Can I get money off an EV from the UK government? 

You may be familiar with the UK government grant that allows you to get money off the purchase price of a new electric vehicle. However, the government’s £1500 EV grant was scrapped a year earlier than expected last year. There are a handful of dealers in the UK who still have access to the scheme but we expect this to be phased out soon enough. Currently, one of the most popular grants available from the UK government for electric cars is an EV charge point grant that funds up to 75% towards the cost of having an at-home charging point installed.

Top 10 best electric cars to buy

Does it cost more to insure an electric car?

When it comes to car insurance, you don’t want to be paying more than you need to and for a long time, it usually would cost more to insure an electric car when compared to its petrol or diesel equivalent. However, heading in 2023, it looks like insurance costs have equalised between EVs and combustion engine-powered vehicles. When it comes to getting car insurance, there are so many other factors which affect premiums that it can also be unfair to compare rates anyway. How long you’ve been driving, your voluntary excess amount and your no-claim discounts can all have a big impact on how much you need to pay for your premium. If you’ve recently passed your driving test, check out our list of the cheapest cars to insure.

What should you consider before getting an electric car?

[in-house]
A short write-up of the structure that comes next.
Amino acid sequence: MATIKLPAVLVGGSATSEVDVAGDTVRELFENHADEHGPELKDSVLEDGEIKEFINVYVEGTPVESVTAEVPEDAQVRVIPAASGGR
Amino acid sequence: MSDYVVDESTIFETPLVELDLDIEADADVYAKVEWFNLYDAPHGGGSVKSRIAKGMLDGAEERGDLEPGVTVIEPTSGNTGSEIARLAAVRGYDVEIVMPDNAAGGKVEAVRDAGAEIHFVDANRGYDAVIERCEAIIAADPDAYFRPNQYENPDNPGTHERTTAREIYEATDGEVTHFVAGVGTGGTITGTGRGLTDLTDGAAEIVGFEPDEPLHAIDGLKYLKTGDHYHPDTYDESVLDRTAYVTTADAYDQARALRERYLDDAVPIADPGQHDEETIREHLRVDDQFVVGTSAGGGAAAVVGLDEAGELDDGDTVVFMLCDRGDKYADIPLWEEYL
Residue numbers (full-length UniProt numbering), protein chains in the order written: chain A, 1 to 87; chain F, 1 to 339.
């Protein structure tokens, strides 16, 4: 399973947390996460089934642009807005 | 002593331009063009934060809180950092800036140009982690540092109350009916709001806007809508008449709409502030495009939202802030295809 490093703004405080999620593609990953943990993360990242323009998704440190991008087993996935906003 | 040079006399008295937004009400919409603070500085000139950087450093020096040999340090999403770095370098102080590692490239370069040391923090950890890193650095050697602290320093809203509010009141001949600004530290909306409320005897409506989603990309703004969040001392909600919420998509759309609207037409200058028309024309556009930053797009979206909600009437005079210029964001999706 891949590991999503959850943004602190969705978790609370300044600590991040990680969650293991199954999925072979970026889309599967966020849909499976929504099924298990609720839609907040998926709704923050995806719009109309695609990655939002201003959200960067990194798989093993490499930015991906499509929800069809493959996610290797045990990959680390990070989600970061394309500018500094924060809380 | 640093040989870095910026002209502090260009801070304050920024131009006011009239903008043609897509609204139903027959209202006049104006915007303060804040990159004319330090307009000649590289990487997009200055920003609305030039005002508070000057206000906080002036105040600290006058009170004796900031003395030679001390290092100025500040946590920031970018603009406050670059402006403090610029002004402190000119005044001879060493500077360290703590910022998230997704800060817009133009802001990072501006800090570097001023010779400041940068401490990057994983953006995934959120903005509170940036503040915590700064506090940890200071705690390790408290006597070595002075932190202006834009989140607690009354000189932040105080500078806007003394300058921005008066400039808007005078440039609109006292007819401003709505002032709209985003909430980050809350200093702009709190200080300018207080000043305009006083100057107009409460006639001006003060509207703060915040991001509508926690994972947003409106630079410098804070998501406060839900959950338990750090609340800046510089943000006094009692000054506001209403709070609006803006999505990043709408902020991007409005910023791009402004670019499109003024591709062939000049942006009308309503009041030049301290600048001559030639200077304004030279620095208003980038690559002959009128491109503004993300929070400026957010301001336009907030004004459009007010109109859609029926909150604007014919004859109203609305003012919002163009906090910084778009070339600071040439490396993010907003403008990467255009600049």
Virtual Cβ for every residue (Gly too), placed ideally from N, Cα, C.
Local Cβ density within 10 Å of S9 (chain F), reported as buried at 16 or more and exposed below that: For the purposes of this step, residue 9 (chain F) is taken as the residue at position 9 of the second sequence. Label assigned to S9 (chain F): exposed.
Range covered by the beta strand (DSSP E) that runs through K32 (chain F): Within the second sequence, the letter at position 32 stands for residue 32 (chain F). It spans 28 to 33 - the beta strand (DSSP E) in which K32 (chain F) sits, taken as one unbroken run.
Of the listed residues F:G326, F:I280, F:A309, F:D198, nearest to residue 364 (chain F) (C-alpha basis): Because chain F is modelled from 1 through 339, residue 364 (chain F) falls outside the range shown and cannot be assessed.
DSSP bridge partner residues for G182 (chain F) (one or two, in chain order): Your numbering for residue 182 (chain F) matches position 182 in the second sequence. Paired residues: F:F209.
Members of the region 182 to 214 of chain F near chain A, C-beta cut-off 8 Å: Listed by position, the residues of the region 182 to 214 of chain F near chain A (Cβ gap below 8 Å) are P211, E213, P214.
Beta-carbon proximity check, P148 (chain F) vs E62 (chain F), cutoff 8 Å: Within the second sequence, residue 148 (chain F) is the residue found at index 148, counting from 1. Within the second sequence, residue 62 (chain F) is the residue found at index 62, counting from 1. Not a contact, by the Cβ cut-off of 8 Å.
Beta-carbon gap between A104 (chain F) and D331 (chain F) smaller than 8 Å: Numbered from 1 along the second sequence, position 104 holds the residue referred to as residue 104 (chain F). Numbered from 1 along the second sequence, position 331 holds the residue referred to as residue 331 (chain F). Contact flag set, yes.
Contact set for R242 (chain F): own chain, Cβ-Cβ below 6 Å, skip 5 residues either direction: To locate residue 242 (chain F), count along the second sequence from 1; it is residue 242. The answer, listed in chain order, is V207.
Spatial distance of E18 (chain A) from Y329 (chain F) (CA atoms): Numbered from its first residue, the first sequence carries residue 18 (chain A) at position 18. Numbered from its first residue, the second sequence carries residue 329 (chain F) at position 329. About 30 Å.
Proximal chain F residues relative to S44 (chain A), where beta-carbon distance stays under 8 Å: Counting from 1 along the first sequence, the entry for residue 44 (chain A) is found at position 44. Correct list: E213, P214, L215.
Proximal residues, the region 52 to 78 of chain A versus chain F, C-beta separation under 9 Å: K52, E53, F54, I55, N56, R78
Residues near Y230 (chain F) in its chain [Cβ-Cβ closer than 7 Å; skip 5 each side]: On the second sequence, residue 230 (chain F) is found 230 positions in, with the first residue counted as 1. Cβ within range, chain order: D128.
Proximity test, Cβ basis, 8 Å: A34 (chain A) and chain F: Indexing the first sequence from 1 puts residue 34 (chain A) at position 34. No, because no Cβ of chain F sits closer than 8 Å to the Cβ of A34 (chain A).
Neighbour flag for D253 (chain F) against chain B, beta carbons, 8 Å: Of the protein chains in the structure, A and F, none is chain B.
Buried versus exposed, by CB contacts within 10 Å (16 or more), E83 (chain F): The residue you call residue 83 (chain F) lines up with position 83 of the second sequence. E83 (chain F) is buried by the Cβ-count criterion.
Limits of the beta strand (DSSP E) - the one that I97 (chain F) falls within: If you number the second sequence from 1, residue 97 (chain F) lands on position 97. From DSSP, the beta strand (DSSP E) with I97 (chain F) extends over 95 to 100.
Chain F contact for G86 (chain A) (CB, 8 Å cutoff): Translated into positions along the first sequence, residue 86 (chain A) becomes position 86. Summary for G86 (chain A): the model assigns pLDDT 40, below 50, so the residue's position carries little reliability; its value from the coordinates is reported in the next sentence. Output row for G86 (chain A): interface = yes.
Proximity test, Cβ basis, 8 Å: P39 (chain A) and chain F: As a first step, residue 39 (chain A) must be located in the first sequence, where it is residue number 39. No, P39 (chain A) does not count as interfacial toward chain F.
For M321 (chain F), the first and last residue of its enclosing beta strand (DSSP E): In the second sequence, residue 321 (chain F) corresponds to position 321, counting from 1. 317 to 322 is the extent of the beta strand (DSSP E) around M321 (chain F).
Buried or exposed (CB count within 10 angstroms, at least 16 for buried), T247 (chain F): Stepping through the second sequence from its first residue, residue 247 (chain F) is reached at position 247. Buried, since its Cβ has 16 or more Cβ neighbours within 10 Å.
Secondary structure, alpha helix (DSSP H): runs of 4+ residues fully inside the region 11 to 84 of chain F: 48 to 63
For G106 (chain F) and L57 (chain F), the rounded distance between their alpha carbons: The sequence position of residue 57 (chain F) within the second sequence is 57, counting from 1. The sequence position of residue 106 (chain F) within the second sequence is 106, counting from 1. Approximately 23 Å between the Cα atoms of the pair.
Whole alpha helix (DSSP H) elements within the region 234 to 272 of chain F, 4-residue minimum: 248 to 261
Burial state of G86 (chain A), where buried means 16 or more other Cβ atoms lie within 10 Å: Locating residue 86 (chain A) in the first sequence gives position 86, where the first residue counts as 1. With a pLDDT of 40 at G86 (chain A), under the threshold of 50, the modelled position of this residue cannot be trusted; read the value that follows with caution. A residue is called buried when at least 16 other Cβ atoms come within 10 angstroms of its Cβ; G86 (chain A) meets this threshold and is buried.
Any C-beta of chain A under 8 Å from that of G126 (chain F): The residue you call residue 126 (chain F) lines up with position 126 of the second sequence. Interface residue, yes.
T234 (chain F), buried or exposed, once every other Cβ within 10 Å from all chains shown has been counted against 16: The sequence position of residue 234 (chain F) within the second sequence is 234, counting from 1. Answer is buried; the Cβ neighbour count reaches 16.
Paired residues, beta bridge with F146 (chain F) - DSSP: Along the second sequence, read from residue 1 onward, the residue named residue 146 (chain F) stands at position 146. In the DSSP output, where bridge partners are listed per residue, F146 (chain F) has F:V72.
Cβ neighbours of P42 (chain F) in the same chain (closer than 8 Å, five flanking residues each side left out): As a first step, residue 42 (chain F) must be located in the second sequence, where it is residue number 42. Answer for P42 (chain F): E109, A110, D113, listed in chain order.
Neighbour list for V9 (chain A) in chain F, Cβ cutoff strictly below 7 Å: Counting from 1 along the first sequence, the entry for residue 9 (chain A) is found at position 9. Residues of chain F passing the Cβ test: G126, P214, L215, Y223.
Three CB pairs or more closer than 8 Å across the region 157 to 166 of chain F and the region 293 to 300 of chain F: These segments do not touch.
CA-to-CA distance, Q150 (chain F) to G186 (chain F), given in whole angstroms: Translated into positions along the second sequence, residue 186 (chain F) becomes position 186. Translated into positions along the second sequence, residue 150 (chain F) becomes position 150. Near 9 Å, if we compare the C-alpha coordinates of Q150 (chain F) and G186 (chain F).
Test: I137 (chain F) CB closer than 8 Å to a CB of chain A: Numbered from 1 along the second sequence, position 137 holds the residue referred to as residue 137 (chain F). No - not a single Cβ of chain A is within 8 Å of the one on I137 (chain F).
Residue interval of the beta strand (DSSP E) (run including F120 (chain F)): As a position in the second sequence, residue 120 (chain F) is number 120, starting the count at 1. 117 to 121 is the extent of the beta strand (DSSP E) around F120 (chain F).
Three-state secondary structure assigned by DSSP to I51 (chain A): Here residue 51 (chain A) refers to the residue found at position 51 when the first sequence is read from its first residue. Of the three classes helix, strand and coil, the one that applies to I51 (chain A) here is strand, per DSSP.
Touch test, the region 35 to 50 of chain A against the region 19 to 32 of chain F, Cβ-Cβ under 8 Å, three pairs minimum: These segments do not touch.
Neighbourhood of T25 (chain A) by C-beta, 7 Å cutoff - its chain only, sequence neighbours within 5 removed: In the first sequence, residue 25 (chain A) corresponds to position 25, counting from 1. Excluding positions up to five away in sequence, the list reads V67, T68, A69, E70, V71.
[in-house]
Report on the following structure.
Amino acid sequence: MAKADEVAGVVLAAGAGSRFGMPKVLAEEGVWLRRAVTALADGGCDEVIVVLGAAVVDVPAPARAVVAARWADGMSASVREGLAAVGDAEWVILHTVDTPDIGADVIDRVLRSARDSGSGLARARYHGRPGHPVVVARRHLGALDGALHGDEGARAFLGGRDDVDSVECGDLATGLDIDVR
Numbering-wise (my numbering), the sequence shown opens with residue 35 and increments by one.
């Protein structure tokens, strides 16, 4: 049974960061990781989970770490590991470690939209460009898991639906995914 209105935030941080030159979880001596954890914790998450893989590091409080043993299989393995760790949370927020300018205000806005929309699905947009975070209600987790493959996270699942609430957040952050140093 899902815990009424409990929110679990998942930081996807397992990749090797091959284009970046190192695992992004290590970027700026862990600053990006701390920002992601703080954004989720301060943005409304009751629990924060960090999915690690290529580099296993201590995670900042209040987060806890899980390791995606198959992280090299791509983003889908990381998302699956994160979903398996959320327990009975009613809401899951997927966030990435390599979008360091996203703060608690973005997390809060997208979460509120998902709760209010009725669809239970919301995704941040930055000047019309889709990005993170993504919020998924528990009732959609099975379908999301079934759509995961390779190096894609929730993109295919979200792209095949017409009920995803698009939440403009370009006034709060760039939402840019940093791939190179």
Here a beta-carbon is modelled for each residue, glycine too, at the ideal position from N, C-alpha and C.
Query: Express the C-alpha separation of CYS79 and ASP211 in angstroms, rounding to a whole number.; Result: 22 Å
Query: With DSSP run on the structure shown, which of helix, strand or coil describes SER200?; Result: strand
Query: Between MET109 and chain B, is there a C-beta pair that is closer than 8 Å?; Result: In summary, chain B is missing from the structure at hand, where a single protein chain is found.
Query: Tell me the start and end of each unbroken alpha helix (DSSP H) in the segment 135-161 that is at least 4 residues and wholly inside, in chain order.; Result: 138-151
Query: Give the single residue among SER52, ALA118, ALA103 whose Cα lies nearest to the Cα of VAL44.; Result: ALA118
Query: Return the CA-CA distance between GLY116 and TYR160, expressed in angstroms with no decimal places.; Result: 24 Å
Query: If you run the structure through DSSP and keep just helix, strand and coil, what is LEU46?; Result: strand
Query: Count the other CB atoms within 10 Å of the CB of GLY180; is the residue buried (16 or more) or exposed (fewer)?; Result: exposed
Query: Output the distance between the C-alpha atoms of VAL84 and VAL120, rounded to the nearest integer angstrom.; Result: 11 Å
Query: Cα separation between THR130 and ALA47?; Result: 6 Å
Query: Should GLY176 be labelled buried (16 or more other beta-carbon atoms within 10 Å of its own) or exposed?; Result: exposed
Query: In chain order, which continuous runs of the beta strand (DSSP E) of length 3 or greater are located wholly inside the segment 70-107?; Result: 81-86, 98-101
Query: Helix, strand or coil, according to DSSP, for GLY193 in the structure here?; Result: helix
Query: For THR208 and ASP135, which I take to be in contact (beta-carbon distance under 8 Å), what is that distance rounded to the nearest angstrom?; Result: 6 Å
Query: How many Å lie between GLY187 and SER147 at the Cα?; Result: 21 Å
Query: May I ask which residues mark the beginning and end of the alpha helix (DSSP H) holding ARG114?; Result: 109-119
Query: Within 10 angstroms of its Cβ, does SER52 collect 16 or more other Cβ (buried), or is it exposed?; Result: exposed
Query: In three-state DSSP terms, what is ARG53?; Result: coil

Whilst there are so many benefits to getting an electric car, it would be unfair to not look at a few factors which may mean an EV isn’t suited to your personal circumstances. Not a fan of EVs? Why not check out our top 5 reasons to get a hybrid car instead? 

what to think about before getting an ev
  • The average distance you drive each day. When compared to petrol or diesel cars, most electric and hybrid vehicles have a shorter range. You may find yourself needing to recharge your EV more often than you would be refuelling a petrol or diesel car. Many drivers are also worried about running out of charge before they reach their destination and what would usually be a 5-minute stop at the petrol station can then turn into at least a 30-minute recharge at the nearest public charging point.
  • Charging your EV at home. Charging your EV by using your household electricity supply can be the most cost-effective when you charge overnight at a lower electrical output. Usually, EVs take around 6-8 hours a night and can perform the best when using an at-home charge. However, not everyone will be able to have a home charge installed e.g. no off-road parking or living in a flat with no access.
  • Find public chargers in your area. Whilst there are over 6,902 rapid chargers across the UK, this is still nowhere near the number of public charges needed if everyone was to adopt an EV into their lifestyle. It can be worth checking the public charging points in your area first to see how easy it would be to recharge your car.